Why Oral Opioids Can Give Poor Pain Control

This article by Forest Tennant, PNN Columnist, first appeared in Pain News Network

Every day, our Research and Education Projects hear from persons with a serious pain problem who can’t obtain enough relief. There are multiple reasons, but a major one is that they are trying to relieve their pain with oral opioids. It appears to us that there is a gross misunderstanding and ignorance about the inability of oral opioids to ever provide good pain relief in many persons who have Intractable Pain Syndrome (IPS).

A person who has constant pain from adhesive arachnoiditis, Ehlers-Danlos Syndrome (EDS), Reflex Sympathetic Dystrophy (CRPS/RSD), cervical neck neuropathy, or another disease that causes constant pain with cardiovascular and endocrine abnormalities will often have impairment of the stomach and intestine. This affects their ability to properly dissolve, digest and place enough opioid into the bloodstream to get pain relief. This occurrence is technically called “opioid malabsorption” or “opioid maldigestion.”

All the conditions listed above cause dysfunction of the many nerves that go from the spinal cord to the stomach and intestine. The nerves carry the bioelectricity that activates the stomach and intestines so that the acids and enzymes from them will fully dissolve and digest tablets, capsules and liquids. EDS, diabetes and autoimmune diseases may also erode or degenerate the collagen matrix of the small intestine, so it won’t properly function, which impedes digestion.

Stomach and intestinal malfunction due to many severe painful diseases may manifest differently at different times. For example, on some days function will be good, and on others, almost non-existent. Another example is “maximal ability.” In this case, the impaired stomach and intestine will allow only a maximal amount of opioid to be digested. For example, 4 tablets will provide some relief, but 6 or 8 won’t do any better.

Review your situation. Do you have some days when you got relief, but not others? Does increasing your oral dose give you no more relief?

If you have IPS, don’t always count on oral opioids to give you the pain relief you need. Start looking into opioid injections, suppositories, patches, topicals, sublingual (under-the-tongue), or buccal (inside the mouth-upper cheek). Also, start probiotics and/or intestinal enzyme preparations, as they sometimes help oral opioids do their job.

Injectable and Suppository Opioids

Why aren’t injectable and opioid suppositories the standard care for severe pain flares? They used to be. For example, the 1956 Merck Manual (9th Edition) states “more severe pain requires the oral or subcutaneous use of narcotics.”

Today, most doctors somehow have the irrational and false idea that injectable opioids always cause overdoses and/or will be diverted into illegal channels. Most doctors are hardly aware that opioid suppositories are available from the local pharmacy and that they are far more effective for flares or breakthrough pain than oral opioids.

At best, an oral opioid will need 30 to 60 minutes to provide pain relief. Opioids administered by injection or suppository work much faster, bypassing the stomach, intestines and liver, and going right to the blood brain barrier.  Pain relief will usually occur within 5 to 10 minutes. Pain relief is also much better, even at a fraction of the oral dose, because the entire dosage reaches the endorphin receptors without being filtered by the stomach, intestines and liver.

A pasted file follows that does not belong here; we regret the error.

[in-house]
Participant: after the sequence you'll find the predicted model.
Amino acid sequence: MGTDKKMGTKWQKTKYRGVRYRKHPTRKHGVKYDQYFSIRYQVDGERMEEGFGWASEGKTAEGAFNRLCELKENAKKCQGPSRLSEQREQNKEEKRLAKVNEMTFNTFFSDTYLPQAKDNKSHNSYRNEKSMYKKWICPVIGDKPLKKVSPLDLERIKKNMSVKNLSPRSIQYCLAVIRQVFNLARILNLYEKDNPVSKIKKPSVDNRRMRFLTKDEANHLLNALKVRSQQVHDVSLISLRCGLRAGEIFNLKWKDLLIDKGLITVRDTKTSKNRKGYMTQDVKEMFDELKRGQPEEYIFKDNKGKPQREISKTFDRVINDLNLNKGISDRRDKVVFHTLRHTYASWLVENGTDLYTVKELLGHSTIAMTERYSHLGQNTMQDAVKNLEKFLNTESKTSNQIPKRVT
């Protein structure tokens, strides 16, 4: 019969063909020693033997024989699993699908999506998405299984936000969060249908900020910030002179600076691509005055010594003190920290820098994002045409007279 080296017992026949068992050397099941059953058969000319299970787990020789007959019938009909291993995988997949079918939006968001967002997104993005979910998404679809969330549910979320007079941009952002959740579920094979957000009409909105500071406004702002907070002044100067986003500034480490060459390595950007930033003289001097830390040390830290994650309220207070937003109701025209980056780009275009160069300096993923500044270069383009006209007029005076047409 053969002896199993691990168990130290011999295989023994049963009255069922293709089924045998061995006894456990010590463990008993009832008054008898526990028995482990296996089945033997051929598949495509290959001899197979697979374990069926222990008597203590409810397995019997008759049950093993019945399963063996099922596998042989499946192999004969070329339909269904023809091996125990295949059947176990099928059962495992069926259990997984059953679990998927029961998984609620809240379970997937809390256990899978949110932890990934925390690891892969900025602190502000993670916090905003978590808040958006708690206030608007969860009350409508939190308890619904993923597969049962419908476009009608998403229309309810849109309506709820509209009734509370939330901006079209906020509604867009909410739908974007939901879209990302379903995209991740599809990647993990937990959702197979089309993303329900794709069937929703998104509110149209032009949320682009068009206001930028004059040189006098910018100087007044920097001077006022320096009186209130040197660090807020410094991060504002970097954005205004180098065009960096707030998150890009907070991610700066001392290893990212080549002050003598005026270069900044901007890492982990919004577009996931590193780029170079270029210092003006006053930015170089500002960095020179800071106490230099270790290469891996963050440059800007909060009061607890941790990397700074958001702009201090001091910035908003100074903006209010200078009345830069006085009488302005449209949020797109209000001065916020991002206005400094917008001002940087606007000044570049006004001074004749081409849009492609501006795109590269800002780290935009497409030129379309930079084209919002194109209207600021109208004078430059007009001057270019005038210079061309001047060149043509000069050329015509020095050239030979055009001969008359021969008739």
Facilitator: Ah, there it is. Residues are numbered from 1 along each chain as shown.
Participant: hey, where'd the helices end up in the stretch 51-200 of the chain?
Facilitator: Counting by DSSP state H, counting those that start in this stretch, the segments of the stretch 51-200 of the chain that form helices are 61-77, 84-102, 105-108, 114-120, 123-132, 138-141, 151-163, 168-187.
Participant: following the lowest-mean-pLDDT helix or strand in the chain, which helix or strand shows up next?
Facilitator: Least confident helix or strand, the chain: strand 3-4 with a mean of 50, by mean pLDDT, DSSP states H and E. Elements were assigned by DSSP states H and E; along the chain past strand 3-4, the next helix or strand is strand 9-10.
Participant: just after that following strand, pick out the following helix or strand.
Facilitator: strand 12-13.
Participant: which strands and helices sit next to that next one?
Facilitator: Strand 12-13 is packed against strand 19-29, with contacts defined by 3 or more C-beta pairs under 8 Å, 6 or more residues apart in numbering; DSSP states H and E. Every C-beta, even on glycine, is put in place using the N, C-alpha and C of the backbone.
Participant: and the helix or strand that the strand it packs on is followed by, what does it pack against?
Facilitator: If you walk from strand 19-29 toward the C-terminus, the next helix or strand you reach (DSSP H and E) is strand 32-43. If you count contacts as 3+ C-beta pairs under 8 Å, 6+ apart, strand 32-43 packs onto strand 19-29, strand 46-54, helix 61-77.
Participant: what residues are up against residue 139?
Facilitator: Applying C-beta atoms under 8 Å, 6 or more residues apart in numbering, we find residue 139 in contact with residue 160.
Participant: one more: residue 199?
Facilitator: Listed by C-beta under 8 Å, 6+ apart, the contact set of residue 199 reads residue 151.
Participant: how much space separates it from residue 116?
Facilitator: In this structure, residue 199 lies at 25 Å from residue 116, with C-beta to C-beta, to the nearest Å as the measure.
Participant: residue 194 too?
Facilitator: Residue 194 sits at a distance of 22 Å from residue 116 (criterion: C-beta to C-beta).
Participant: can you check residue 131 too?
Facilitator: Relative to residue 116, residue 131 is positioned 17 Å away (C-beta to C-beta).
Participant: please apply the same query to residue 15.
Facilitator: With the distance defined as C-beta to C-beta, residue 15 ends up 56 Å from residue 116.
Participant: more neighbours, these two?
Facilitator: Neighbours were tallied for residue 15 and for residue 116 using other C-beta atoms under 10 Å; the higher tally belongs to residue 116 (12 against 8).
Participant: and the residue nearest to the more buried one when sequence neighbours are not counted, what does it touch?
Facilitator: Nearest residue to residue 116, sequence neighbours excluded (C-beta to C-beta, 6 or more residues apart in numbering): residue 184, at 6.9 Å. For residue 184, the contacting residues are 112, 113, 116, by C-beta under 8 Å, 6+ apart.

Opioid injections and suppositories help patients remain below the CDC guideline’s recommended daily limit of 90 morphine milligram equivalent (MME).

Injectable opioids are used subcutaneously or intramuscularly, not intravenously, for at home use. Injectable opioids should only be used for flares.

Our enthusiasm for injectable opioids has been enhanced by the development of compounded hydromorphone. This innovation allows a micro dose of only .1cc (5mg), which can be taken subcutaneously with a small needle.

Opioid injections have traditionally been prescribed by local primary care practitioners who know the patient is responsible, and not a street person or substance abuser. Patients and their families should also be trained and warned to keep the injectable away from children, pets and guests. We are not aware of a single case of injectable opioid reaching the street or causing an overdose death in a bona fide IPS patient who was trained with their family.

IPS patients and families can inquire at their local pharmacy as to which injections and suppositories are available. Then approach your personal MD, DO, or NP about starting an opioid injection or suppository for pain flares. 

Every IPS patient needs to achieve some pain free hours so they can walk, physically exercise their arms and legs, do activities of daily living, and be able to mentally concentrate enough to be able to read and write. These hours of zero or very little pain help strengthen the cardiovascular and endocrine systems so some tissue regeneration can occur and permanently reduce their constant pain. Injectable opioids provide the best opportunity at achieving some pain free hours.

Forest Tennant, MD, DrPH, is retired from clinical practice but continues his research on intractable pain and arachnoiditis. This column is adapted from newsletters recently issued by the IPS Research and Education Project of the Tennant Foundation. Readers interested in subscribing to the newsletter can sign up by clicking here. The Tennant Foundation gives financial support to Pain News Network and sponsors PNN’s Patient Resources section.     

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